More thoughts on coal

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Here’s an interesting article from my home town paper, The Roanoke Times, on the new carbon capture technology being tested at a power plant in West (By God) Virginia. The technology is interesting to me, especially since I once considered becoming a geologist, but this is the part of the article I found most interesting:

[Mike] Morris [Chairman of American Electric Power (AEP)] and a host of others stressed Friday that coal will fuel power generation for decades to come, both in this country and many others. He said AEP agrees there is enough evidence to believe there is a link between human activity and climate change. But he said the United States has “the financial and technical wherewithal to address the issue.”

Some environmental groups encourage carbon capture efforts such as the one at Mountaineer. Others ask tough questions.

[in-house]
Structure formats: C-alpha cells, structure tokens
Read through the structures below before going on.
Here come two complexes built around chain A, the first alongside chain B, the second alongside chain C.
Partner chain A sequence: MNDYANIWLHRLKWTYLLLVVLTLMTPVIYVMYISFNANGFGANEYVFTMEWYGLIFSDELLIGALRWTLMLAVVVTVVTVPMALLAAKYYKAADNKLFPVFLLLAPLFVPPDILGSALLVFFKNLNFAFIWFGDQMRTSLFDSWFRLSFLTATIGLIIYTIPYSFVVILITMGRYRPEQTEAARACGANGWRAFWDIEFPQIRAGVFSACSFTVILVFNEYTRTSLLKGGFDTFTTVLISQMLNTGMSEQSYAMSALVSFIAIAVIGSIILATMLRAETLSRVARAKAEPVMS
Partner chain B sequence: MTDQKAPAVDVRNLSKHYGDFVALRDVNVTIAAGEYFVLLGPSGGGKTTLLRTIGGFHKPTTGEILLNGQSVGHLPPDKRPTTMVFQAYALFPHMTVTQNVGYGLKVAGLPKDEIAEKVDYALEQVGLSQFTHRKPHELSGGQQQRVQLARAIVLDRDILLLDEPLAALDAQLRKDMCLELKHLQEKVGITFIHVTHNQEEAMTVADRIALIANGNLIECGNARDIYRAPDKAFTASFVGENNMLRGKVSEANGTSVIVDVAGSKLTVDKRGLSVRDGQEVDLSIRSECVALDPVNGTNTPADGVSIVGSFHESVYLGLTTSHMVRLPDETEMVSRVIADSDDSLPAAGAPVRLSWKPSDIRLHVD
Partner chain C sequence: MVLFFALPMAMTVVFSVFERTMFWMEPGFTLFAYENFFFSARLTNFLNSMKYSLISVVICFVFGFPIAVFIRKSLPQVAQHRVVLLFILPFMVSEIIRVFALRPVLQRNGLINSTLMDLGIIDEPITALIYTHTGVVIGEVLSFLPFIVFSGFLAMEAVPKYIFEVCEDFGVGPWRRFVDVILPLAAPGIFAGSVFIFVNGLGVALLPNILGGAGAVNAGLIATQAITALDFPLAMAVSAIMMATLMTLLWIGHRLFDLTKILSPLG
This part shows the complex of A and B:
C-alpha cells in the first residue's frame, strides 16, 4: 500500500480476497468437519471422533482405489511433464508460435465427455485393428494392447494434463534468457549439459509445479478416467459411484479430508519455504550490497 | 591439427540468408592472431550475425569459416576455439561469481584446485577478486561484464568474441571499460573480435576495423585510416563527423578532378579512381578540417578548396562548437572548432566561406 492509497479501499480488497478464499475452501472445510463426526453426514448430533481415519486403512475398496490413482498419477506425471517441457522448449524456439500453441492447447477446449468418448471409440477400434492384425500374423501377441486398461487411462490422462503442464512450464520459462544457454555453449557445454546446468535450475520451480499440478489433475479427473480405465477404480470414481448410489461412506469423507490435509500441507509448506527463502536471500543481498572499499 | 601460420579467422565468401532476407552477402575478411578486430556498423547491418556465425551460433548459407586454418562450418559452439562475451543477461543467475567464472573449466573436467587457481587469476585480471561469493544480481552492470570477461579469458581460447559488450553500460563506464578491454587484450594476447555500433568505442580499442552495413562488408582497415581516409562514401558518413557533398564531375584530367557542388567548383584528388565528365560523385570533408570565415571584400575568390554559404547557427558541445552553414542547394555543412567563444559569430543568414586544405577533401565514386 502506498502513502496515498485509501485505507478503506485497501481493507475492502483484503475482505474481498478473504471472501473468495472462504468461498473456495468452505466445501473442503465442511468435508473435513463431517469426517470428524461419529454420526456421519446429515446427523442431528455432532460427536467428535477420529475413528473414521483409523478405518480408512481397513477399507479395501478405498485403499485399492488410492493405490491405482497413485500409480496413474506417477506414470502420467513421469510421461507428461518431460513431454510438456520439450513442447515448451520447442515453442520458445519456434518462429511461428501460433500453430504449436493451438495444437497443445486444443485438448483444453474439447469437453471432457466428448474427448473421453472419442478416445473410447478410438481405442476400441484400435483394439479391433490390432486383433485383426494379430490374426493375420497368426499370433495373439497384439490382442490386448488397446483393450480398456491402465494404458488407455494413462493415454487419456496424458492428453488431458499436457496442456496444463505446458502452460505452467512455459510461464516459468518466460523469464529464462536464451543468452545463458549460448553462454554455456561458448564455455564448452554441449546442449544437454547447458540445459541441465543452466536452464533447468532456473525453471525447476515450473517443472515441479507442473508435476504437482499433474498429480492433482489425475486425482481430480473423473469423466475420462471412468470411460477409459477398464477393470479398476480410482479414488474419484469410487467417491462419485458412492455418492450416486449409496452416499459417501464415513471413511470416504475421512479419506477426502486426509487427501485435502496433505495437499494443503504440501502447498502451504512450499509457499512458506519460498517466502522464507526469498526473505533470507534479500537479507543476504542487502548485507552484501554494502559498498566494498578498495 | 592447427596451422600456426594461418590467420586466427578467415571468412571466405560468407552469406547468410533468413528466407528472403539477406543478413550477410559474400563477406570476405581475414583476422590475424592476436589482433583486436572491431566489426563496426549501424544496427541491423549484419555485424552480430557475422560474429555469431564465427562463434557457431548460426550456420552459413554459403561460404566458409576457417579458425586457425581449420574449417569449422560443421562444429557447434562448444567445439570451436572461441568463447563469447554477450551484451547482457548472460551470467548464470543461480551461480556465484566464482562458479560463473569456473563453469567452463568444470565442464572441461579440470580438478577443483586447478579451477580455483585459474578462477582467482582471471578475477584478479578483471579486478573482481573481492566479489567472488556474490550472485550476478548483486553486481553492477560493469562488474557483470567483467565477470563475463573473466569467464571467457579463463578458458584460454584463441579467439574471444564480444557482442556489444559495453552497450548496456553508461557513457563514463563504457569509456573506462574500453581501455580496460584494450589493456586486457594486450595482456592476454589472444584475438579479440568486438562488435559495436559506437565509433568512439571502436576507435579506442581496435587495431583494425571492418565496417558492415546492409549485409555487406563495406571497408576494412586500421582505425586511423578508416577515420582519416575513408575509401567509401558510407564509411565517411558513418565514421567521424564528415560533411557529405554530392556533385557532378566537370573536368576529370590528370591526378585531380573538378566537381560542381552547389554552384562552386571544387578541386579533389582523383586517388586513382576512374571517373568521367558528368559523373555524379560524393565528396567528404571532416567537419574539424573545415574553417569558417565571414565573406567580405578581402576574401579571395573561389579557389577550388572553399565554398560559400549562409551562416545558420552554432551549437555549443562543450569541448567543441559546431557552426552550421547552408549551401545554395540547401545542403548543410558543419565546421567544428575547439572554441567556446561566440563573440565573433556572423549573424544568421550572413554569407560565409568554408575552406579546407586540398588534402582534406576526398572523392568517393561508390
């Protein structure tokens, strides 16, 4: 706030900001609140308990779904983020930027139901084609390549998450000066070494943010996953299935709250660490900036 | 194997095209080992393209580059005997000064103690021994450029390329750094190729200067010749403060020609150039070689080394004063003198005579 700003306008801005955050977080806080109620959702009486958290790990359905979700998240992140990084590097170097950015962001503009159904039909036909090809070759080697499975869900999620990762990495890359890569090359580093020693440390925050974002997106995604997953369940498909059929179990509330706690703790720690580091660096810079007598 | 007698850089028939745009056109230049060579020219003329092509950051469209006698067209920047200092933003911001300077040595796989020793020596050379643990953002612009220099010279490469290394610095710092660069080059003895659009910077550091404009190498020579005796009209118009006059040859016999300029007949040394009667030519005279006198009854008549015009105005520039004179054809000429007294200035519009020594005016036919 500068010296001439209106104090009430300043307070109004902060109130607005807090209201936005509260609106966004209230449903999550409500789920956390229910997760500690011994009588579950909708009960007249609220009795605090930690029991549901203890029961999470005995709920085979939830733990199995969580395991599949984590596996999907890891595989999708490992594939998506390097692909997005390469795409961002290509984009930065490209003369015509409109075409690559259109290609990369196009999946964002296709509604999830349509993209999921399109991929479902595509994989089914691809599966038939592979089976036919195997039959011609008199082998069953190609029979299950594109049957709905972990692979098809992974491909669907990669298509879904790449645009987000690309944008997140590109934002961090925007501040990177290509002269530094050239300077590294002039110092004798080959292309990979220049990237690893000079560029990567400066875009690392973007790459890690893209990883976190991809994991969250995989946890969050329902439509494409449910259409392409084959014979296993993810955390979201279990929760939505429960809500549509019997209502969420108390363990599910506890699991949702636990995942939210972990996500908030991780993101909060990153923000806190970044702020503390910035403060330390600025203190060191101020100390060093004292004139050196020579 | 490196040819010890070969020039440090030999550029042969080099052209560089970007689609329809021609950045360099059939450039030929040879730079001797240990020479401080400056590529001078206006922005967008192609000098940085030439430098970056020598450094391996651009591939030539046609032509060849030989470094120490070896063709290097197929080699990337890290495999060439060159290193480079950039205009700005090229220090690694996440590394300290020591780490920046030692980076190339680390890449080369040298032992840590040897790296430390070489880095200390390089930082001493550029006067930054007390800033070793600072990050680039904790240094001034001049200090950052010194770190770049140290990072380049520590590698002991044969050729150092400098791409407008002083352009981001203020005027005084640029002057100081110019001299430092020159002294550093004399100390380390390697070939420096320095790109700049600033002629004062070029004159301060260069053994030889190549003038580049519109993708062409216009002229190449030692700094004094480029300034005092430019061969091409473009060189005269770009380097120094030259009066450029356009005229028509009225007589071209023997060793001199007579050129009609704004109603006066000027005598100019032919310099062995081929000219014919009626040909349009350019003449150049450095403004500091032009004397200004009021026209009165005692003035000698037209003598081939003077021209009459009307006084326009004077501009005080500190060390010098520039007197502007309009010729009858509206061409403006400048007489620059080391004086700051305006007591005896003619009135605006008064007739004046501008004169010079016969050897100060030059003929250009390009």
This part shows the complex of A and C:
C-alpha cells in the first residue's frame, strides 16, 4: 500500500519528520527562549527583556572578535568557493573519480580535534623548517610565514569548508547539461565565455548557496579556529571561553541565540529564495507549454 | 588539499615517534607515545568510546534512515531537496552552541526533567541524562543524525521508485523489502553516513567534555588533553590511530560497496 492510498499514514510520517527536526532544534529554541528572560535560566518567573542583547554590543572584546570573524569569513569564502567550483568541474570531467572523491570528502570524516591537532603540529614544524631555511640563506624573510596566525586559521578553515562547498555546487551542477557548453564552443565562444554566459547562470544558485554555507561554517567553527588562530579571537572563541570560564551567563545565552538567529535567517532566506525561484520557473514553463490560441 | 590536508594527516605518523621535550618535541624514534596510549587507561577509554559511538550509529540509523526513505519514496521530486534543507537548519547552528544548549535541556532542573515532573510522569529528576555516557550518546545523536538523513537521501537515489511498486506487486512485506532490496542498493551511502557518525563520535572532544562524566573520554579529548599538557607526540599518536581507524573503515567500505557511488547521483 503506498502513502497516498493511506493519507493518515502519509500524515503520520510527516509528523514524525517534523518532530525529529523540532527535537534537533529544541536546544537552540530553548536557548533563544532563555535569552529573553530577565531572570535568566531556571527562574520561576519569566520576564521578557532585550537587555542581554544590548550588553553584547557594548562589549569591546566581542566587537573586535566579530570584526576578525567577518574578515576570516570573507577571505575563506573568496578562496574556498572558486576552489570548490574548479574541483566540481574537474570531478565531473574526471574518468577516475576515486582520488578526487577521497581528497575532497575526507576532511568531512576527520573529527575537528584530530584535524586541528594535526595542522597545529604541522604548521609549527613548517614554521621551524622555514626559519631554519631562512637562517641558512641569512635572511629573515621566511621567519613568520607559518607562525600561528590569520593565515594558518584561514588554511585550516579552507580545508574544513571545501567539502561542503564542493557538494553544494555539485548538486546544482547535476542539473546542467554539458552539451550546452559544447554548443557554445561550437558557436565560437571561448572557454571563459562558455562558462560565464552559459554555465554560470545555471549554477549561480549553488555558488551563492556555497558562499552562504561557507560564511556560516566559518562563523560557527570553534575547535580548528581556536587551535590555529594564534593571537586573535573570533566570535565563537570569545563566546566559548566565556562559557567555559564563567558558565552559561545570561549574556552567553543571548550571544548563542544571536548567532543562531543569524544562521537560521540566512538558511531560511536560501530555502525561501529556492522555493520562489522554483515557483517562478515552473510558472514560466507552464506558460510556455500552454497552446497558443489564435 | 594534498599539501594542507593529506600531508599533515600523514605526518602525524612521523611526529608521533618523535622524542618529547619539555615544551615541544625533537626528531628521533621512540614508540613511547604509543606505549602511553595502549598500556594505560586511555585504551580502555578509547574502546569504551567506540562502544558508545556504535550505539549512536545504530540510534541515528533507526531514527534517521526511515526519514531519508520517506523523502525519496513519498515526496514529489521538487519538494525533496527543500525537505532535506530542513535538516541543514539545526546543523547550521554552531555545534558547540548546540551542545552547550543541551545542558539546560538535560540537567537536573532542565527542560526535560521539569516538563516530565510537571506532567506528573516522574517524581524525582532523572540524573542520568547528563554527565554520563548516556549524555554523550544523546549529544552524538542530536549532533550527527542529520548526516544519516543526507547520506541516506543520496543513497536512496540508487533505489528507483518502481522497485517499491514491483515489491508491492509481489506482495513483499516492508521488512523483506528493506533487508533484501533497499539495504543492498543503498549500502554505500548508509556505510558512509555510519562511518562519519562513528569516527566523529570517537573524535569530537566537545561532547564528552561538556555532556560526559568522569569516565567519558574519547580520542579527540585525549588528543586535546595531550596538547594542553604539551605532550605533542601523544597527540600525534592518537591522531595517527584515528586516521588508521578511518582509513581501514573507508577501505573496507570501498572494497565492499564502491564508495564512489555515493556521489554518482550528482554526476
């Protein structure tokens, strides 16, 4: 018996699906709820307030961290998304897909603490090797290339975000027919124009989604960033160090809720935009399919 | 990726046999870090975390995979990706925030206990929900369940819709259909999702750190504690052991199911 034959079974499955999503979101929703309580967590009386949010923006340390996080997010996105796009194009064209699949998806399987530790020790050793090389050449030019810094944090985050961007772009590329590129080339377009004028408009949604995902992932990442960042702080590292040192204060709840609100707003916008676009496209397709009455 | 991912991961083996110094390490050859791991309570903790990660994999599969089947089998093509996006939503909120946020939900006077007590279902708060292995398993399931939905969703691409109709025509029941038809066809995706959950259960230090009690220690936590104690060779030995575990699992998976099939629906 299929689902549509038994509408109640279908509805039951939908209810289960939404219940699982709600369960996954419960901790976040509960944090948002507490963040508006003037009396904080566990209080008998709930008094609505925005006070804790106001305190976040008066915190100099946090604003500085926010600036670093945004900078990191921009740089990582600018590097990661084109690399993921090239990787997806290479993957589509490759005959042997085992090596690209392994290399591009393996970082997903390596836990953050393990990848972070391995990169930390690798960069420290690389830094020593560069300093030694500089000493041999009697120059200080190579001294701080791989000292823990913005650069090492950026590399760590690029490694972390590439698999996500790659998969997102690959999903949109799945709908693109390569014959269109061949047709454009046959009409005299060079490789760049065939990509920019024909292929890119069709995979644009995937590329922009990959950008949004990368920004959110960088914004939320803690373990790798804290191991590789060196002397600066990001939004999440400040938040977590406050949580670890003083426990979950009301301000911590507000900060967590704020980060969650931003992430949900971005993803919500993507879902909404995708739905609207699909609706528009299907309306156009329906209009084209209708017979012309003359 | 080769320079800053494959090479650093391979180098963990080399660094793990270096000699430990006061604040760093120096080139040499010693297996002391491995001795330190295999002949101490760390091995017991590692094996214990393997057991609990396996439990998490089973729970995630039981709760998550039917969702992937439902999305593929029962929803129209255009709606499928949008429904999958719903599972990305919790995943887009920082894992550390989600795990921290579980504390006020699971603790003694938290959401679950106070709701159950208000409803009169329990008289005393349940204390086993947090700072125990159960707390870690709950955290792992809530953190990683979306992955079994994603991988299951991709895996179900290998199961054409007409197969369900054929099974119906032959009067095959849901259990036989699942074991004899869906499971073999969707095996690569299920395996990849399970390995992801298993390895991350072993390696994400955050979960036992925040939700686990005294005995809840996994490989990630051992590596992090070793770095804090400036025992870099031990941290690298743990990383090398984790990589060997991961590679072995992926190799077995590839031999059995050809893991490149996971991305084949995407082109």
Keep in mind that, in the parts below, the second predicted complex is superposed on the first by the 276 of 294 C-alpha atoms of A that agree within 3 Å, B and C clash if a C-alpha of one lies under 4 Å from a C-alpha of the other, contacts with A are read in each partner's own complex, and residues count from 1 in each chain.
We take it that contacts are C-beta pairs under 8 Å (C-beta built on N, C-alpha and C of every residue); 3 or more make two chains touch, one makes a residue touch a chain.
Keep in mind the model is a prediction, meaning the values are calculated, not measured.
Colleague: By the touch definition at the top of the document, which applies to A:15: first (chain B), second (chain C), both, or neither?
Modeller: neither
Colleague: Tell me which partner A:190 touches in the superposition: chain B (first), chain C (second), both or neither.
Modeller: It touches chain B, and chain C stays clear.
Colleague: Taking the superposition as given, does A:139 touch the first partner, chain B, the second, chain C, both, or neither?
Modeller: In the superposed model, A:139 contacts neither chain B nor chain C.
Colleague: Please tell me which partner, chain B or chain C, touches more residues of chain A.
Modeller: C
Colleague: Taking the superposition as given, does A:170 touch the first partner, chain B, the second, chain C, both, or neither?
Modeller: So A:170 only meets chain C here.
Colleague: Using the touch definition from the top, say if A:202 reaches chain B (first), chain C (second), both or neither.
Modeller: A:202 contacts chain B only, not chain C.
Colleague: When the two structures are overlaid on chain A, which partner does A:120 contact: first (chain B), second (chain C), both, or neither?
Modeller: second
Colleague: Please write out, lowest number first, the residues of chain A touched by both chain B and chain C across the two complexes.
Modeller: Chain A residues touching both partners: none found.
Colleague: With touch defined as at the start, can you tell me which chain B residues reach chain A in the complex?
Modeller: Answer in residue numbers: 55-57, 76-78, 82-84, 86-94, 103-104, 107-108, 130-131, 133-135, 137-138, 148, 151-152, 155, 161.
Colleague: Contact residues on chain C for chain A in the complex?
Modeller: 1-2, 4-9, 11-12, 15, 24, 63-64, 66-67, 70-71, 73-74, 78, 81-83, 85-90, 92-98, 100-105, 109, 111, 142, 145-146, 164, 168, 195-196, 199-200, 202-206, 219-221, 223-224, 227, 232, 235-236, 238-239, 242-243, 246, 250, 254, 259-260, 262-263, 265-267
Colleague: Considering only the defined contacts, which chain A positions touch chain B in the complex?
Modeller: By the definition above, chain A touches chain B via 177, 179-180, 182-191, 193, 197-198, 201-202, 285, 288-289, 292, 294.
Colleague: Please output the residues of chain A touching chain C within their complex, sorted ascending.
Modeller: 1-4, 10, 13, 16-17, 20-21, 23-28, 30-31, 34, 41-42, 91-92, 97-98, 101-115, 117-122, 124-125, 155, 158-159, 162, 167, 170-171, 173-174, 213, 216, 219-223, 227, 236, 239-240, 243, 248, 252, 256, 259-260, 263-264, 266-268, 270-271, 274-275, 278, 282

John Steelman is program manager for the Natural Resources Defense Council’s Climate Center.

“We support the use of carbon capture,” Steelman said Thursday. “We believe that for the next few decades the United States and other countries, including China, are going to use coal in significant quantities.”

And this is a critical time, he said, to limit emissions of climate-changing greenhouse gases.

John Blair is president of Valley Watch, a small environmental group in Indiana whose primary focus is the lower Ohio River Valley. The organization has fought coal-fired power plants since Valley Watch’s founding in 1981.